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A List of Dos and Don’ts to Create a Killer CV

After the cover letter, your CV is incredibly important to set you apart from the rest of the job applicants. While we all know and understand this, there are still many simple mistakes that people make when putting theirs together. As such, we’ve created a list of several dos and don’ts to ensure you’re putting your best foot forward when you’re applying for jobs.

Do:

Make it unique

Because every position advertised will have differing requirements in terms of skills and attributes, applications to different positions will require uniquely put-together CVs. The best idea is to read through the job ad well, and any specific characteristics they’re looking for, place at the very top of your CV so they’re easily spotted.

Keep it short and sweet

The ideal length of a CV is one page. Sure, you might have a huge amount of interesting traits and information you’d like to include, but it’s important to cut as much as possible and keep only the most relevant information. The employer/HR staff will more than likely have a pile of CVs to go through, so make their job easier by getting straight to the point.

Ensure your contact details are professional

The email address you created in early high school might’ve been funny/cool back in the day, but it’s not appropriate anymore. If you haven’t already, register yourself a more professional email address that includes your name. Also, check and make sure the other information you’re providing is the most up-to-date.

Harness the power of dot points

Nowadays, attention spans are shorter than they’ve ever been. Combat this by using dot-point lists to express skills, experience and other information.

Proofread before you send

Safeguard yourself from sending an application that includes old contact details, spelling and/or grammatical errors, or is missing vital information that you’ve simply forgotten to include. A great way to proof is by reading through it aloud – this makes it much easier to pick up missing words, grammatical issues and more.

And if you’re sending via email, make sure you attach the correct file (and the file’s name is appropriate).

Back it all up with some research

Utilise the internet and search for some example CVs or even templates for the profession. You can use your findings to gain ideas and discover things you might be missing on your application.

Don’t:

Make things up

Whether it’s in the interview or later on down the track, chances are your lie will be found out. Don’t risk it – tell the truth.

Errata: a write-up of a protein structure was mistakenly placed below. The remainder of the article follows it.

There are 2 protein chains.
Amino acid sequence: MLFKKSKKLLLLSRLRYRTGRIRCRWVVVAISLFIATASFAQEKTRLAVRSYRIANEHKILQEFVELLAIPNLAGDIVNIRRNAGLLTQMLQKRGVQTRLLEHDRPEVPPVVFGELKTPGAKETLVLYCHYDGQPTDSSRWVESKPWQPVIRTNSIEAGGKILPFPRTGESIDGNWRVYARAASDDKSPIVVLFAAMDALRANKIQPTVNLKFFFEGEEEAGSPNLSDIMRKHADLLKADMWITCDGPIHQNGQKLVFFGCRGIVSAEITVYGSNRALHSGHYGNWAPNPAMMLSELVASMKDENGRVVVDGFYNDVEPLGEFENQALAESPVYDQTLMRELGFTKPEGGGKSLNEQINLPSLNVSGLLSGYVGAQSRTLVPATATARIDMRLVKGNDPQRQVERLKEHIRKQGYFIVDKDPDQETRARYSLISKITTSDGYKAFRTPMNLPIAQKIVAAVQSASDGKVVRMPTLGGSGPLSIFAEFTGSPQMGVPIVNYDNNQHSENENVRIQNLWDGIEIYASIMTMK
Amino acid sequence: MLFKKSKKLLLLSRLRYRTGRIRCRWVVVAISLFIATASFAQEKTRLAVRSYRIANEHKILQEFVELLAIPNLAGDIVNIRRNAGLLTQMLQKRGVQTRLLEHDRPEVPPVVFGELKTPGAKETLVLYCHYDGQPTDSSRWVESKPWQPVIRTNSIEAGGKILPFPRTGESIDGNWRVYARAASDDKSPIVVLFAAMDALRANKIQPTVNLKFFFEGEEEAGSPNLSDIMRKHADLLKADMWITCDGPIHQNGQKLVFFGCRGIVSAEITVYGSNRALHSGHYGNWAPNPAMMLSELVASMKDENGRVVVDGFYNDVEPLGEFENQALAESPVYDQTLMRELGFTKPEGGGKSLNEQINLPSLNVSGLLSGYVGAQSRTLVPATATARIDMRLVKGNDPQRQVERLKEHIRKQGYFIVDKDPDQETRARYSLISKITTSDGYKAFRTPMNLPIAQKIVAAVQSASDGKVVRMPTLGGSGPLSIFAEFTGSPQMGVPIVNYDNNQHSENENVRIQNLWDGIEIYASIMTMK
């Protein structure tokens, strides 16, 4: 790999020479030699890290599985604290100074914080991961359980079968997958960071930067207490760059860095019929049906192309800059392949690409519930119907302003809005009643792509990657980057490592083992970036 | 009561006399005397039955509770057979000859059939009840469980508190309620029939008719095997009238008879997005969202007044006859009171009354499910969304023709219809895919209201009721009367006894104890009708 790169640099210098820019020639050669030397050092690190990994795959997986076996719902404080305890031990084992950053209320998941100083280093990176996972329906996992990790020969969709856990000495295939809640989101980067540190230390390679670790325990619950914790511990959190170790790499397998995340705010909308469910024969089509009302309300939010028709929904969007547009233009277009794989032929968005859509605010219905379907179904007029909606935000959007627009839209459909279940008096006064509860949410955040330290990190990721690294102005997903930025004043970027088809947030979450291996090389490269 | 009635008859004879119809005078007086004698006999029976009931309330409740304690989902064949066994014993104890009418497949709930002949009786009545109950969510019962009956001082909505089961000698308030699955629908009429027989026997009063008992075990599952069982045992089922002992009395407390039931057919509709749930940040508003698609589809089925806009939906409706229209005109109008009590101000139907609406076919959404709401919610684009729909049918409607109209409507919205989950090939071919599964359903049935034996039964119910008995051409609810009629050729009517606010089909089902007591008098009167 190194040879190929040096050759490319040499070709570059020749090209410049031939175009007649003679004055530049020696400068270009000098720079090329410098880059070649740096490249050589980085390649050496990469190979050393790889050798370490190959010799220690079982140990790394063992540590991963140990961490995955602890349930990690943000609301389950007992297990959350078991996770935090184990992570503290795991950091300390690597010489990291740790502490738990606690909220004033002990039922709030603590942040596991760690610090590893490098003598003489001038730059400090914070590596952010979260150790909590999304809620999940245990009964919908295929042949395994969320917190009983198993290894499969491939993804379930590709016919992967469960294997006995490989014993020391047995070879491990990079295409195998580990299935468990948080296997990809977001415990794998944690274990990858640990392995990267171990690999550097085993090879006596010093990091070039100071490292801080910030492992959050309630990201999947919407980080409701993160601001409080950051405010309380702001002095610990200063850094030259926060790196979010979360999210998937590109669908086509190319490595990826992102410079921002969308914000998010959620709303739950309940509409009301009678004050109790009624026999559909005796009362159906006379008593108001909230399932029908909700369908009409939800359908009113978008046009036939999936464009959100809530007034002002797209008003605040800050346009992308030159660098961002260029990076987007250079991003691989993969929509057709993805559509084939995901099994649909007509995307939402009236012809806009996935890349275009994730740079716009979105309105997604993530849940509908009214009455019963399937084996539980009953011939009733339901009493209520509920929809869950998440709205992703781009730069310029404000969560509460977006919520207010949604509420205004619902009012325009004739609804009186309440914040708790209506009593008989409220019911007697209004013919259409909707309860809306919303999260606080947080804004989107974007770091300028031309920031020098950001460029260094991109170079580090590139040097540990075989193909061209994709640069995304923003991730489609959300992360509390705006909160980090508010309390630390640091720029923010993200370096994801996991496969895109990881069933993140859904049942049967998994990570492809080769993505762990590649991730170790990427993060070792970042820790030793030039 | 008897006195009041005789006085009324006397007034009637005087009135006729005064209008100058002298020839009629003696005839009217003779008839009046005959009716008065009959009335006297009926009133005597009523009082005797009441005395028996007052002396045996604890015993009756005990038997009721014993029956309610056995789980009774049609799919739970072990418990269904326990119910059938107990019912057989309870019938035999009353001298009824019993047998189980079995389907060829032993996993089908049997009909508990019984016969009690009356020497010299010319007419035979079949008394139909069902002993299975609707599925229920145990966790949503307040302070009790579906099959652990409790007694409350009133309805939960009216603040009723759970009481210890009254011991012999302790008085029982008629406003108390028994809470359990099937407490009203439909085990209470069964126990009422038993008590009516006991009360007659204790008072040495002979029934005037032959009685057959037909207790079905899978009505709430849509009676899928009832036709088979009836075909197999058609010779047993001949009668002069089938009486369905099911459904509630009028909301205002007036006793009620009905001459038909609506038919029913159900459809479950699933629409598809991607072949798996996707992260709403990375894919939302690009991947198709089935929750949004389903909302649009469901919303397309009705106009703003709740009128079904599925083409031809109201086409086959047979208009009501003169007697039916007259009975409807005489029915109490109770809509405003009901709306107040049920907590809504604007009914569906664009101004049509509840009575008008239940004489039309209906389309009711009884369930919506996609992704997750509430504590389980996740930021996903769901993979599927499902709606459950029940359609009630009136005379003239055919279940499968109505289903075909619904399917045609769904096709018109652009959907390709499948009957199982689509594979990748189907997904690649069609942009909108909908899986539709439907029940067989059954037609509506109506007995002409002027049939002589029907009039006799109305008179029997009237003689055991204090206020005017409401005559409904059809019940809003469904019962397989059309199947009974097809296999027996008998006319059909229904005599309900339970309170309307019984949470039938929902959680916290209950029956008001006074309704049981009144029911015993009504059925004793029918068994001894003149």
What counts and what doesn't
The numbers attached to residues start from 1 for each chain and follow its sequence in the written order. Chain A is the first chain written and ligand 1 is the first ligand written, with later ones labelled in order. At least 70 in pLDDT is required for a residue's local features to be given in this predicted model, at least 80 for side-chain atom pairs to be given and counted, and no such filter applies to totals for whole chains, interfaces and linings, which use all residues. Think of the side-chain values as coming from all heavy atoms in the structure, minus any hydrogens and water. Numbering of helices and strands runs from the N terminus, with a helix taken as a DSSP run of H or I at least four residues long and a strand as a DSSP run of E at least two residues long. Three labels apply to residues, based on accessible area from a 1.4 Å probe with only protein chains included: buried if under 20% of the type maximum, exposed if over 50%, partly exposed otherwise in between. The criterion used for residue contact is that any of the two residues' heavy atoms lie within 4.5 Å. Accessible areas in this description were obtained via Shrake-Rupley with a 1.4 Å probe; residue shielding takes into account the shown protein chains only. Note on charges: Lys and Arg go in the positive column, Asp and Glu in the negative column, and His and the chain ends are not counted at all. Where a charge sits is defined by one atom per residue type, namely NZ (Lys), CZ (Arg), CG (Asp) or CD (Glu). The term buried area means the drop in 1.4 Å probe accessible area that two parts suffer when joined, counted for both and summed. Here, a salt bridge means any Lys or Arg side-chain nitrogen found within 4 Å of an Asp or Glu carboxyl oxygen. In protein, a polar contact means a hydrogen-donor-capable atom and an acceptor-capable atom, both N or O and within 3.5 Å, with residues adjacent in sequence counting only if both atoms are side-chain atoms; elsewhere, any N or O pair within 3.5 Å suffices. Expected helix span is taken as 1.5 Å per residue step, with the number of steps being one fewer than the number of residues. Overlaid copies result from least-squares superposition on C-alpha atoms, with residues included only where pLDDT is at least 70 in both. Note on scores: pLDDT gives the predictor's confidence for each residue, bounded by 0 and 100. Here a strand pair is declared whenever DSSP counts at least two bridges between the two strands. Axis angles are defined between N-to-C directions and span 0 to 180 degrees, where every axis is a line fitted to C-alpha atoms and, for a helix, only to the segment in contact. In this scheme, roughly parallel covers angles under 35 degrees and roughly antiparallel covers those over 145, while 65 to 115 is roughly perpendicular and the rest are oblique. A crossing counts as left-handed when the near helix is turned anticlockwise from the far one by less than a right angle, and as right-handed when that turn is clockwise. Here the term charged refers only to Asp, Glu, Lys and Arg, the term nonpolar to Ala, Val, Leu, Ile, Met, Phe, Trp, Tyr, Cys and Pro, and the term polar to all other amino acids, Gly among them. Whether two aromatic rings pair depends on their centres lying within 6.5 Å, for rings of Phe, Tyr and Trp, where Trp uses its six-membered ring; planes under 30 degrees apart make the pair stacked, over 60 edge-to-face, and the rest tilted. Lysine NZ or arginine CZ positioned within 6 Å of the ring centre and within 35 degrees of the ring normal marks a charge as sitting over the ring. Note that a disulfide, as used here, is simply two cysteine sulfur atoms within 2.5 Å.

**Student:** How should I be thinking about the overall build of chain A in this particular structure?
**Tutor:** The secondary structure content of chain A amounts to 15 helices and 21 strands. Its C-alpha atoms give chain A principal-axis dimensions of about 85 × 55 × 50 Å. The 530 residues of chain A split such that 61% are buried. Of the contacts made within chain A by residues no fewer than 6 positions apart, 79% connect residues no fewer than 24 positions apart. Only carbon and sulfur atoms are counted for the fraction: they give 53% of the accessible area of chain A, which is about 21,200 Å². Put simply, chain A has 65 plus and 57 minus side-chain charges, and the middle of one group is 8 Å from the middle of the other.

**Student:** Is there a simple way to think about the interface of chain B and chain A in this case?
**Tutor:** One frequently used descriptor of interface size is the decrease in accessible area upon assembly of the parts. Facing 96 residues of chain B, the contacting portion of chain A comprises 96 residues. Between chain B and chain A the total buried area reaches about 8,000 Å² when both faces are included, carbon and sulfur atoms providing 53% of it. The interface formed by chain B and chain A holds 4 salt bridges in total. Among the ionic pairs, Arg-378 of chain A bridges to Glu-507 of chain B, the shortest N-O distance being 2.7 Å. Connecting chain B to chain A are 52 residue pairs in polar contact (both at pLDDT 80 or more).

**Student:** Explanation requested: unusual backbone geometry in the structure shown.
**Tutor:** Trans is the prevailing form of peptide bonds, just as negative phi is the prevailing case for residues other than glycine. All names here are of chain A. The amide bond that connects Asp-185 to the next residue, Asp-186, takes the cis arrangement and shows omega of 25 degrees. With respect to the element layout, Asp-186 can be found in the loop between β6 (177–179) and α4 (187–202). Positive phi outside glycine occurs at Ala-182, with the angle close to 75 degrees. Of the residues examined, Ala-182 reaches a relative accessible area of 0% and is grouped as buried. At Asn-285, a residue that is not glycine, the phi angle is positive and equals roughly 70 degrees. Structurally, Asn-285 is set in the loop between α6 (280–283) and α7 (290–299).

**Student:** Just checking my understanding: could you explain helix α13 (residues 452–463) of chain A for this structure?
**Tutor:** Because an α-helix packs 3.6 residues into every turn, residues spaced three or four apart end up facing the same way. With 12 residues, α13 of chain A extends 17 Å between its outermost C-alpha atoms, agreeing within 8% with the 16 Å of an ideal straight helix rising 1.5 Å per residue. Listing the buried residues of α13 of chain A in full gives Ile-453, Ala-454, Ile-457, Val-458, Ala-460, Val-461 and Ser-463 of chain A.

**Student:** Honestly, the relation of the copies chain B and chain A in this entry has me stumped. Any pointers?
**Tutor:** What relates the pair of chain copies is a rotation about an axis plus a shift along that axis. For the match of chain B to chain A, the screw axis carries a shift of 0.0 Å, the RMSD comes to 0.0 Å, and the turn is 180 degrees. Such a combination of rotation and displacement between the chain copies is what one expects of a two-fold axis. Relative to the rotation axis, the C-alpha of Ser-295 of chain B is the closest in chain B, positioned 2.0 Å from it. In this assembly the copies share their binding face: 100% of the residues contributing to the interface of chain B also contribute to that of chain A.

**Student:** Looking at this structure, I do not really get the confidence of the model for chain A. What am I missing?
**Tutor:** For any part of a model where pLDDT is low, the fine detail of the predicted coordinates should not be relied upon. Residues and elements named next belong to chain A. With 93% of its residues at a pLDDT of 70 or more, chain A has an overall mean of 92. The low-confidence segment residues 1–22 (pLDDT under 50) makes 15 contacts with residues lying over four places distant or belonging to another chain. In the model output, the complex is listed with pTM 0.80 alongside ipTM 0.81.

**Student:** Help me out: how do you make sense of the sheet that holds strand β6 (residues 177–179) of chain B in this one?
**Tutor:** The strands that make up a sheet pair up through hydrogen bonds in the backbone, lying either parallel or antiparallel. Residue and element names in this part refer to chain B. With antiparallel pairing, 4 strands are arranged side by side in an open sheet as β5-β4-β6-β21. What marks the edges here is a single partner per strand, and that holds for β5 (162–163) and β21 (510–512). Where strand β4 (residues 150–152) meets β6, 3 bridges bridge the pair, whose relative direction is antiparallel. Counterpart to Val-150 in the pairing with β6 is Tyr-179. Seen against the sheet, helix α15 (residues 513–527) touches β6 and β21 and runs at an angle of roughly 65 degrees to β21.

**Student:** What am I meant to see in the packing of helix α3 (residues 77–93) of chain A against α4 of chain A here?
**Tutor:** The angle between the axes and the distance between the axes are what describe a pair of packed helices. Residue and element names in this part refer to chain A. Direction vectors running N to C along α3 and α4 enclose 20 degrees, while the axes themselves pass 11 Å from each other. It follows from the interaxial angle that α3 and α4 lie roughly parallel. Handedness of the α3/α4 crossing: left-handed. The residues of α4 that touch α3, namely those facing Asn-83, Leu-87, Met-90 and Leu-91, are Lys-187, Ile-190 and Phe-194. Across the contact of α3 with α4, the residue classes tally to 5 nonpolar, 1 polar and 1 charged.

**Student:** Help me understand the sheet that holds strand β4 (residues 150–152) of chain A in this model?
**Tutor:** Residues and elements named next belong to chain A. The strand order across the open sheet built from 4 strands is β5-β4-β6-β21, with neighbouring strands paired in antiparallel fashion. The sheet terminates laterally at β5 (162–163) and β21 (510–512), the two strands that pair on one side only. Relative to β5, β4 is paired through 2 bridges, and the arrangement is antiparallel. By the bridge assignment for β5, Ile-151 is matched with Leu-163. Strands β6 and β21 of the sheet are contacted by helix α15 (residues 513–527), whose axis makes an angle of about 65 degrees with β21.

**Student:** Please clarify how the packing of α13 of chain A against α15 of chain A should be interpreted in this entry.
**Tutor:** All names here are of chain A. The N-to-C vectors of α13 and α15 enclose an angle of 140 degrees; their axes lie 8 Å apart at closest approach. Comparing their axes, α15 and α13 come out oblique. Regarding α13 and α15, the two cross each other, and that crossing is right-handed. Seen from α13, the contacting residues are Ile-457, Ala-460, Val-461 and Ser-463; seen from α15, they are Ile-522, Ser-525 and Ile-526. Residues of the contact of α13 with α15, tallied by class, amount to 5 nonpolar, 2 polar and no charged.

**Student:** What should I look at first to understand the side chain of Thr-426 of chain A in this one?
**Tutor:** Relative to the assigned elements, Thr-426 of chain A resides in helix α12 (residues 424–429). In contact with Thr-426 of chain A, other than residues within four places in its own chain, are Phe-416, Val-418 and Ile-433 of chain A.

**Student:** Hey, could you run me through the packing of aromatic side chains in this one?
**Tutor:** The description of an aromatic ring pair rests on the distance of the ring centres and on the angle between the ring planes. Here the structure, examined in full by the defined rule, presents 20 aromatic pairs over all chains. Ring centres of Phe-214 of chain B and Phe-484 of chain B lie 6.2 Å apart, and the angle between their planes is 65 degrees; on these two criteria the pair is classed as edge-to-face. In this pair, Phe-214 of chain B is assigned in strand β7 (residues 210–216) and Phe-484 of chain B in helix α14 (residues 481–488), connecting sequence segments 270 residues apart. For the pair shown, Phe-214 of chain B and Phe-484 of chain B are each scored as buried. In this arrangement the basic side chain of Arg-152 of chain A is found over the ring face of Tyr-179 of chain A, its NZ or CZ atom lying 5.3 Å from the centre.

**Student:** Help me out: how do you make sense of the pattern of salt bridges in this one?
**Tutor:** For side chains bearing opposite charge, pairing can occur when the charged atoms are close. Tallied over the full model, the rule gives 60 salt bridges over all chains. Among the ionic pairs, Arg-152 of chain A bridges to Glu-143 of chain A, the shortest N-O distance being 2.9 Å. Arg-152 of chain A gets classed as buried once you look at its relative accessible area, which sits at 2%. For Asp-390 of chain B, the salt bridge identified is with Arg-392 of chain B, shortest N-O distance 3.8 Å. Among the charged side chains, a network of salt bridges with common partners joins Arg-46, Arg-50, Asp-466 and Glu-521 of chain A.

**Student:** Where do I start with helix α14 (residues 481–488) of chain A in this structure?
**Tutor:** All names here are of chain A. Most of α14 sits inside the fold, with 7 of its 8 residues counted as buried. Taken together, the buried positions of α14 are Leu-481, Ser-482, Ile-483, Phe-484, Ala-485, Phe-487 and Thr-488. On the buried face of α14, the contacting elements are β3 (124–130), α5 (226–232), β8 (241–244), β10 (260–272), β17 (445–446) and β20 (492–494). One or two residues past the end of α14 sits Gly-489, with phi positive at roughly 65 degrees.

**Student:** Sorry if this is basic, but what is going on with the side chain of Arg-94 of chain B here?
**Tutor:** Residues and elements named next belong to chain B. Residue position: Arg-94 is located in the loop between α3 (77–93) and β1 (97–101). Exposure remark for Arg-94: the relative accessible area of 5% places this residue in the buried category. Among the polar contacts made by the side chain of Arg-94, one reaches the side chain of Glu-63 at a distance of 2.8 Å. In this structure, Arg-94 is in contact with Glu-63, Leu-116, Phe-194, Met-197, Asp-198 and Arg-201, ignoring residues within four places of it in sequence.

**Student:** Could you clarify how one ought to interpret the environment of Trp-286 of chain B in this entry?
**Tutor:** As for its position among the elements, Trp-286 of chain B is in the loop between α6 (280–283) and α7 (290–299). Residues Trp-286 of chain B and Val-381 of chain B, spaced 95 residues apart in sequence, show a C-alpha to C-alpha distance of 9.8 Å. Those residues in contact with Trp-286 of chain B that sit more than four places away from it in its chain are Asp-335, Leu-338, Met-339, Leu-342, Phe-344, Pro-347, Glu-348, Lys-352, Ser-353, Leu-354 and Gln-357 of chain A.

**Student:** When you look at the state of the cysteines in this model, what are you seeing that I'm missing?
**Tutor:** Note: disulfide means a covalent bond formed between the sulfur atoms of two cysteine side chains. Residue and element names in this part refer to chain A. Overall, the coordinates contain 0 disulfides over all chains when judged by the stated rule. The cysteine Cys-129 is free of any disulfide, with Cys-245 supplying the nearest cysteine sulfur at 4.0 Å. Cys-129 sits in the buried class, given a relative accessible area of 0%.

List relatives as your references

Although this may seem obvious, it’s definitely worth noting. Also, it’s easier than you think for potential employers to know that the reference you’ve listed isn’t legitimate so don’t have your friends pose as someone they’re not either.

Like your own, your references’ contact details must be up-to-date. It’s courteous to let them know each time you’ve sent a job application with their info on it, and that they may receive a phone call in the near future.

Make spelling or grammatical errors

Going back to the last point on the ‘do’ list will protect you sending off your application when it has spelling or grammar mistakes. There are studies that show poor grammar and/or spelling can discredit your intelligence, and shows you have a low attention to detail. As an extension to your own proofreading, why not ask a friend or family member to do the same? An external pair of eyes may pick up something you didn’t for whatever reason.

Opt for specialised fonts or any images

Using a non-traditional font is an absolute no-no. Sure, it may help your CV ‘stand out’, but it’ll be doing so in a negative way. Choose something that is easily read and aesthetically pleasing for the reader; Times New Roman, Garamond, Arial and the like. And make sure you stick to one – good formatting is important, too.

What about images? Well, unless you’re applying to a graphic designer position or something similar, steer clear. They take away focus from where it should be: a list of your experience and skills.

Leave out any important details

This doesn’t particularly concern your personal information (hopefully that’s all in there already!). What we’re talking about here is details concerning your past experience. If you’re not keen on including dates or information about the business for some reason, don’t include it at all. Gaps in information look bad, so omit it entirely to save confusion and suspicion.

Include a picture (or your age)

Unless it’s been specifically requested, don’t provide a portrait of yourself, the same with your age. The last thing you want is to be judged even before you set foot in the interview room, and providing either (or both) may very well have that effect.

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